Magistrates Courts also hear civil cases which deal with evictions from both urban and farm land and the National Credit Act. Magistrates Court may also sit as the Children’s Court, to hear cases involving children; the Family Court, to hear cases involving maintenance, domestic violence, child custody and parental rights, and divorces which are usually uncomplicated. They may also sit as the Equality Court to hear cases involving discrimination, harassment or hate speech.

District Magistrates’ Court can impose fines up to R120,000 and prison sentences up to three years. Regional Magistrate’s Court can impose fines up to R600,000 and give prison sentences up to 15 years or even life imprisonment.

Magistrates’ Court judgments may be taken on appeal or procedural review in the High Court. Certain judgments, especially those involving serious crimes or evictions from farmland, automatically go on review in the High Court.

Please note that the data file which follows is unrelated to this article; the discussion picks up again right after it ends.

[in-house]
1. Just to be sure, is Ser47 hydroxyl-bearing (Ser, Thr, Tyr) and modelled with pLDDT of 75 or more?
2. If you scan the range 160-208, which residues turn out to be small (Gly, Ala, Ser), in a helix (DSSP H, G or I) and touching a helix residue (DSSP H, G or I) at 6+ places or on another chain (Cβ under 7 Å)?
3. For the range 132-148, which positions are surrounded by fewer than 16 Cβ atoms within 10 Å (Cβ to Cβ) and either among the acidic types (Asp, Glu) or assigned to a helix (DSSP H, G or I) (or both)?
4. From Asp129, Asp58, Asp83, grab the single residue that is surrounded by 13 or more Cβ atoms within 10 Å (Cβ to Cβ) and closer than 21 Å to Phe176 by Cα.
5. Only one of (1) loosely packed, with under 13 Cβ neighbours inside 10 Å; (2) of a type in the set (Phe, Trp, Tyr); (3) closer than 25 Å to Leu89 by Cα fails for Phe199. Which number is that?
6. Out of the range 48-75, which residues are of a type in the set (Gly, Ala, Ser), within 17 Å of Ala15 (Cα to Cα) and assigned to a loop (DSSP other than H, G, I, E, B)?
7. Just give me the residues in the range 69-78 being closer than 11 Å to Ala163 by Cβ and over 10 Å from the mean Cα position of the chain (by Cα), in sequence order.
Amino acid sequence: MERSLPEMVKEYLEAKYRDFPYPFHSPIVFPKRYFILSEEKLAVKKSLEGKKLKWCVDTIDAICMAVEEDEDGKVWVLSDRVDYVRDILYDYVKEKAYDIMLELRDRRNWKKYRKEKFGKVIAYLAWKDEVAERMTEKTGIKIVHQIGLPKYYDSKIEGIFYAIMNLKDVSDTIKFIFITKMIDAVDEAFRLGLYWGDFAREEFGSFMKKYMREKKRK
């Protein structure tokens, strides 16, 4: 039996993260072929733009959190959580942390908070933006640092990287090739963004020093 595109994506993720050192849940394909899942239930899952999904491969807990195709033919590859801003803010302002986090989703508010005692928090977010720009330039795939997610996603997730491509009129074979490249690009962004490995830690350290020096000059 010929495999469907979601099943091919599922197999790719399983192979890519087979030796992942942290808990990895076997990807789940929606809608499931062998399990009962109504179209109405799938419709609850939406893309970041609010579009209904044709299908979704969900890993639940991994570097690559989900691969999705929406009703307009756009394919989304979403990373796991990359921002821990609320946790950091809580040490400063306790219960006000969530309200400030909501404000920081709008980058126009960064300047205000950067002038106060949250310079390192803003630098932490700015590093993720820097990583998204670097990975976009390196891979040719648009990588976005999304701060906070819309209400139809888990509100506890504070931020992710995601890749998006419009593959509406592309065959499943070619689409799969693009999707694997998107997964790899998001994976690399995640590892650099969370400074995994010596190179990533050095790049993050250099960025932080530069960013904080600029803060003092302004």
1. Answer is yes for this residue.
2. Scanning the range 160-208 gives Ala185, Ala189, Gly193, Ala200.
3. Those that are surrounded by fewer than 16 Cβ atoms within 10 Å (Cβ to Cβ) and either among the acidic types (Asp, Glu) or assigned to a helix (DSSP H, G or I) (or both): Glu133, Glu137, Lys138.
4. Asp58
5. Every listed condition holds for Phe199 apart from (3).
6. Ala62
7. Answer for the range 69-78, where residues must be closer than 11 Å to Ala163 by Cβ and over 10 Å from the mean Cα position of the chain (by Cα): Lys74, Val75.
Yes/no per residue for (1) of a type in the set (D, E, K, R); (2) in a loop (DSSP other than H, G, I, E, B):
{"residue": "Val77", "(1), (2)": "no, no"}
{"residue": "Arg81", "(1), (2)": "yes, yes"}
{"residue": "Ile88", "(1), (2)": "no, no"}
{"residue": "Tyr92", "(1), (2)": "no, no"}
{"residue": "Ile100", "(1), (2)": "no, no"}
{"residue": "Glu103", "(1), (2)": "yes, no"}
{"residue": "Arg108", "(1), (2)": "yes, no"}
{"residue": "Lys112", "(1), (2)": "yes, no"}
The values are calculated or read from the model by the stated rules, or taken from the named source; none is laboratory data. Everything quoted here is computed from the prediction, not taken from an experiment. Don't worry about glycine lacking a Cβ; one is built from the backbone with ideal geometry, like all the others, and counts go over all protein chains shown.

South Africa’s superior courts

The High Court of South Africa

The High Court of South Africa is a superior court of law with divisions across all nine provinces. Each province has a main High Court building situated in a major city, usually the provincial capital. Some provinces like the Eastern Cape, Gauteng, KwaZulu-Natal and Mpumalanga have more than one High Court building, also situated in a major city, which is called the local seat of the provincial division.

High Courts hear civil cases involving claims above R400 000, as well as all serious criminal cases like rape, murder, or treason. High Courts hear all disputes between individuals, companies and the government. In terms of the Constitution, they may also interpret legislation passed by Parliament and review decisions taken by Government and can declare them as invalid and unconstitutional.